An investigation by the Sunday Times has found that eBay only paid £1.2 million in UK taxes last year despite having generated £789 million in revenue in the UK in 2010.
Based on the company’s global profit margin of 23 per cent, it is estimated to have raked in an income of £181 million during that year. The real figure it would have owed in taxes based on that calculation is £51 million, the newspaper reported.
But eBay managed to pull off the feat by channelling UK payments through entities in Luxembourg and Switzerland, essentially rerouting revenue raked in by its UK subsidiaries through a European tax haven.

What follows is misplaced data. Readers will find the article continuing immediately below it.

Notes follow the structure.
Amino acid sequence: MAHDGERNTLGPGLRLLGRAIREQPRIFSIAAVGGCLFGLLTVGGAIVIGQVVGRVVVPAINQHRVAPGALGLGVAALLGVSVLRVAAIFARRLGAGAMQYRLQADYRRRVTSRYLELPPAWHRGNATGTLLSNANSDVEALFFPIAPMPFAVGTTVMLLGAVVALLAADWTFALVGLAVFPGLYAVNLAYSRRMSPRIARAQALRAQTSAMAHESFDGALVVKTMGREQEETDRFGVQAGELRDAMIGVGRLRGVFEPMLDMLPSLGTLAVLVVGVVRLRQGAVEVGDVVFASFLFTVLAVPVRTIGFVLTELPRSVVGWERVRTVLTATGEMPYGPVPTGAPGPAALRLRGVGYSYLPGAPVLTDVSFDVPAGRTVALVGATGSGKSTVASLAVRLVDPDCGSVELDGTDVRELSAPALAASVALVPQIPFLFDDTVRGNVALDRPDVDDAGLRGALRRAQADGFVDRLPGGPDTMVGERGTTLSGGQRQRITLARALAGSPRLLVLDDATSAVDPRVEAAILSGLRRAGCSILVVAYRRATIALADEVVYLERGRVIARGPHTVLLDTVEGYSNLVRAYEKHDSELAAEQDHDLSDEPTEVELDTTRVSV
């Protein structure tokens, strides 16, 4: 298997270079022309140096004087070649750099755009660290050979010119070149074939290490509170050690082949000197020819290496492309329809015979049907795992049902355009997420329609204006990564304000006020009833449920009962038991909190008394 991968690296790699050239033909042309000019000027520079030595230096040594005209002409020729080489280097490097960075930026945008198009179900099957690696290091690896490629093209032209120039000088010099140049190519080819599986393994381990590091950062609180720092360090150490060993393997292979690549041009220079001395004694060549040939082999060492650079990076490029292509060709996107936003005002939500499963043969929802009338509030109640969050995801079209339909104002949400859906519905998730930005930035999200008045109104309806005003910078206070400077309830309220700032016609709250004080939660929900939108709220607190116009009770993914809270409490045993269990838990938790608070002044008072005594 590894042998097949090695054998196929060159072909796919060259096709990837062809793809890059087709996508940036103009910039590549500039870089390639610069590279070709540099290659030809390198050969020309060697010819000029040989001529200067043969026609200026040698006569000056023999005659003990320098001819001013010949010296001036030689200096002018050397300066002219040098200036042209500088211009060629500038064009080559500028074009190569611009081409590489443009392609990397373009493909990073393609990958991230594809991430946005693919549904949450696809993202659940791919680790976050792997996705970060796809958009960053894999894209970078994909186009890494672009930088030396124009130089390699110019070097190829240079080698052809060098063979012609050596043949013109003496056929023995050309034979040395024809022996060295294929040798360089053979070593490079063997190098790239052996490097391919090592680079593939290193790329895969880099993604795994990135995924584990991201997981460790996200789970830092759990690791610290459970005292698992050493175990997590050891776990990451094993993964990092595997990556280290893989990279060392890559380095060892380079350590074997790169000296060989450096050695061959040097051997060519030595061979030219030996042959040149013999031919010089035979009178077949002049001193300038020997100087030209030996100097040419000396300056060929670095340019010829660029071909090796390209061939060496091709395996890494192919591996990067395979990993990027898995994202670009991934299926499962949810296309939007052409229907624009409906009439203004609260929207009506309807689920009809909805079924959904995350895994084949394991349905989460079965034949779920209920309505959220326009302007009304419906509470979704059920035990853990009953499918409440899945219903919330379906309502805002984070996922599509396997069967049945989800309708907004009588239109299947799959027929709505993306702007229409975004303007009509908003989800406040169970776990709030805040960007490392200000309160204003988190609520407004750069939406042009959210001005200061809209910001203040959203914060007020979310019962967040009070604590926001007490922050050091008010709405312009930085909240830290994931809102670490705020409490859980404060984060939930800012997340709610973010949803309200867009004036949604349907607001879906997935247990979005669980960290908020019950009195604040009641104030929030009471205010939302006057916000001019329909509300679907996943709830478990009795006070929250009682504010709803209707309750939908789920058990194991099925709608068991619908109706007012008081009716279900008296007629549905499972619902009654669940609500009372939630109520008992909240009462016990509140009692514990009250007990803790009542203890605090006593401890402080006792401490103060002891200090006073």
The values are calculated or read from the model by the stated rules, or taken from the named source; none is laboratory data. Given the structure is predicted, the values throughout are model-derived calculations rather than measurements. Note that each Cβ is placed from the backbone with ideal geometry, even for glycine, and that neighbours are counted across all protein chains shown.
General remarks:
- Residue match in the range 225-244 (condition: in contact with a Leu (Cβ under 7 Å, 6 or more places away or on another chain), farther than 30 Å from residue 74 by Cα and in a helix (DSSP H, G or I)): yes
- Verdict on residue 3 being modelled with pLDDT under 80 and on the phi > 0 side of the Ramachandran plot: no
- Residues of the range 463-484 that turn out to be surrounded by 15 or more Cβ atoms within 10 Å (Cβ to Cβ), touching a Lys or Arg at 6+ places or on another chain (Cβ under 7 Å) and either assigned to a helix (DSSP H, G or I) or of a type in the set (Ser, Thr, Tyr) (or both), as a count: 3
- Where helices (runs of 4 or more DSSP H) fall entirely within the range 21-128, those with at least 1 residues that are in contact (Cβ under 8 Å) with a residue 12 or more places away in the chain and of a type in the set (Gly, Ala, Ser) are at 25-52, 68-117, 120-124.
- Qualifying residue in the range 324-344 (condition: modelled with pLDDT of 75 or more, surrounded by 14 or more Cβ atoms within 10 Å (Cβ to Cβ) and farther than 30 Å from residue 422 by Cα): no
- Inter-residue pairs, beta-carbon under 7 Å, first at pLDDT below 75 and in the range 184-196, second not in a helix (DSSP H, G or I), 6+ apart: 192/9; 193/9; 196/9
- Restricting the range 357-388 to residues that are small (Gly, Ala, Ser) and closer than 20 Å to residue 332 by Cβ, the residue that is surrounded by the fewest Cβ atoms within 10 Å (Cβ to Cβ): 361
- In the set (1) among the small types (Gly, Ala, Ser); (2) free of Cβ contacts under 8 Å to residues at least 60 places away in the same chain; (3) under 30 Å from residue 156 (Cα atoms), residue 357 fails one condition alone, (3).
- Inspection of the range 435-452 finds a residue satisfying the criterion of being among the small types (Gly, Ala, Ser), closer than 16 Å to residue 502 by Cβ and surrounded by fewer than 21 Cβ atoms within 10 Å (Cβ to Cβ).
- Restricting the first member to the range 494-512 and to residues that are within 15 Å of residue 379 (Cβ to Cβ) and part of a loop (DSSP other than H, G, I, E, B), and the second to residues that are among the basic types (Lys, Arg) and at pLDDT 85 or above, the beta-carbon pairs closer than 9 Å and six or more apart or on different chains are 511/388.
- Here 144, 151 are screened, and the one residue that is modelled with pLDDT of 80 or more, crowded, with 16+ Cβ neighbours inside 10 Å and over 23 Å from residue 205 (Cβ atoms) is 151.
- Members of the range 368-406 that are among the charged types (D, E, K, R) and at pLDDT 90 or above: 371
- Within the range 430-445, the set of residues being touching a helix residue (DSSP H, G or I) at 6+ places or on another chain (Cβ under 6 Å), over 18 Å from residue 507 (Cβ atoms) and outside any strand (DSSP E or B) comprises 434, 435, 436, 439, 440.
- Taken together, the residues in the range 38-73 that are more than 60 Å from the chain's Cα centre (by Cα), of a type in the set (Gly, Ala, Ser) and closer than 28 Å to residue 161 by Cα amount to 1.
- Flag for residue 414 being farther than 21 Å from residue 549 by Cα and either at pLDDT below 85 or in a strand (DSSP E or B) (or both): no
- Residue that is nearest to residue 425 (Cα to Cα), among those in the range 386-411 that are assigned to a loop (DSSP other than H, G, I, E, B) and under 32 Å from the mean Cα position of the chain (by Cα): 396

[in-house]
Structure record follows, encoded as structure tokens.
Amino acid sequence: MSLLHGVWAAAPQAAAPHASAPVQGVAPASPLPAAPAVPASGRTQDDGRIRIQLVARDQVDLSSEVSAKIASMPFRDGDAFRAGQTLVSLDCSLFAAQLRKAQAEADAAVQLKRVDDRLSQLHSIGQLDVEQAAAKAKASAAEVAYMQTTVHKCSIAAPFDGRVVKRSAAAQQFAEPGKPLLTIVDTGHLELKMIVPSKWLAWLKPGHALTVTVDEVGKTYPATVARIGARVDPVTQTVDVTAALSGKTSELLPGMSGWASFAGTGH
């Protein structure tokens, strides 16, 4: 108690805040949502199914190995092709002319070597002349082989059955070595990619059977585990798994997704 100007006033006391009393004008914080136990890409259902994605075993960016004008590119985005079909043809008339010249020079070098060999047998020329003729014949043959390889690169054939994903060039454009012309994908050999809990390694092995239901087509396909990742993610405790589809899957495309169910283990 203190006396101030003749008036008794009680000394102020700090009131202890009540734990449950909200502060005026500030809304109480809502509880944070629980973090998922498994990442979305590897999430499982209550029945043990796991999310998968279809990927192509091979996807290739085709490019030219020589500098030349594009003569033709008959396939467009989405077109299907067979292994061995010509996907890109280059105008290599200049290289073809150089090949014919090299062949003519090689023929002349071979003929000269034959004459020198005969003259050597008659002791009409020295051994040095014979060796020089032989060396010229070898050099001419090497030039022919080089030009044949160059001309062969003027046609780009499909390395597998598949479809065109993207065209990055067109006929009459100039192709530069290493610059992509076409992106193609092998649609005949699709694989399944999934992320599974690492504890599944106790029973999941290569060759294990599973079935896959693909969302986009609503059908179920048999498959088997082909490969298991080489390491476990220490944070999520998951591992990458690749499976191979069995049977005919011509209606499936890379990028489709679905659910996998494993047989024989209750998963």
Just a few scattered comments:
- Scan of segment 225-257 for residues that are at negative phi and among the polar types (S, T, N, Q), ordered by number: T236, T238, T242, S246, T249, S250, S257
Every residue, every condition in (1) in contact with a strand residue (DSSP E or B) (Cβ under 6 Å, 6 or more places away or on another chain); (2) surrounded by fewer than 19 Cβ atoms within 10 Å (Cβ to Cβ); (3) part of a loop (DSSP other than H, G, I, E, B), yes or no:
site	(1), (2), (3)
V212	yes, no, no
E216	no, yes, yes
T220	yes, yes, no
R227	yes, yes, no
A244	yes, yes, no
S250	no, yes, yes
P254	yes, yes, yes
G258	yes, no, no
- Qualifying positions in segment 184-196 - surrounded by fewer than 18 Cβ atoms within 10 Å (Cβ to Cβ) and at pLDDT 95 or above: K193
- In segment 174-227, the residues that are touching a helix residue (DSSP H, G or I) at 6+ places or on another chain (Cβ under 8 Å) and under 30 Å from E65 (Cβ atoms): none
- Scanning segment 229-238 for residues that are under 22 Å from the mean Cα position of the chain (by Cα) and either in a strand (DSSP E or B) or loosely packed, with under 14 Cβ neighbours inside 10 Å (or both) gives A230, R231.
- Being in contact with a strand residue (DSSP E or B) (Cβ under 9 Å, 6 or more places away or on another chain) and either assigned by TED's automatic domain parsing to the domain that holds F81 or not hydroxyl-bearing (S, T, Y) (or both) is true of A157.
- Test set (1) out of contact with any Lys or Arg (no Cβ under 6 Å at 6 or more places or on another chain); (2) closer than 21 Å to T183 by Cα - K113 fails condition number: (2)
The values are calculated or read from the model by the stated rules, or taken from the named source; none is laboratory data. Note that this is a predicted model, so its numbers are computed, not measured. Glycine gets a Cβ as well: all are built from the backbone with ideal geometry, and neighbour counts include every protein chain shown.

Predictably, the auction site denied any wrongdoing.
“EBay Inc in Europe works with tax authorities and complies fully with all applicable tax laws and regimes - including national and internationally recognised rules,” a spokesperson told the Sunday Times.
Earlier this month, Facebook was slammed by MPs after it was revealed that the social network took advantage of an Irish tax break and paid just £238,000 on its UK revenues of £20.4 million. Though the scheme is technically not illegal, it was criticised as being deceptive and “immoral”.
Retail giants Ikea and Starbucks have also recently been accused of similar tax practices, with growing concern likely to spur some sort of public outcry.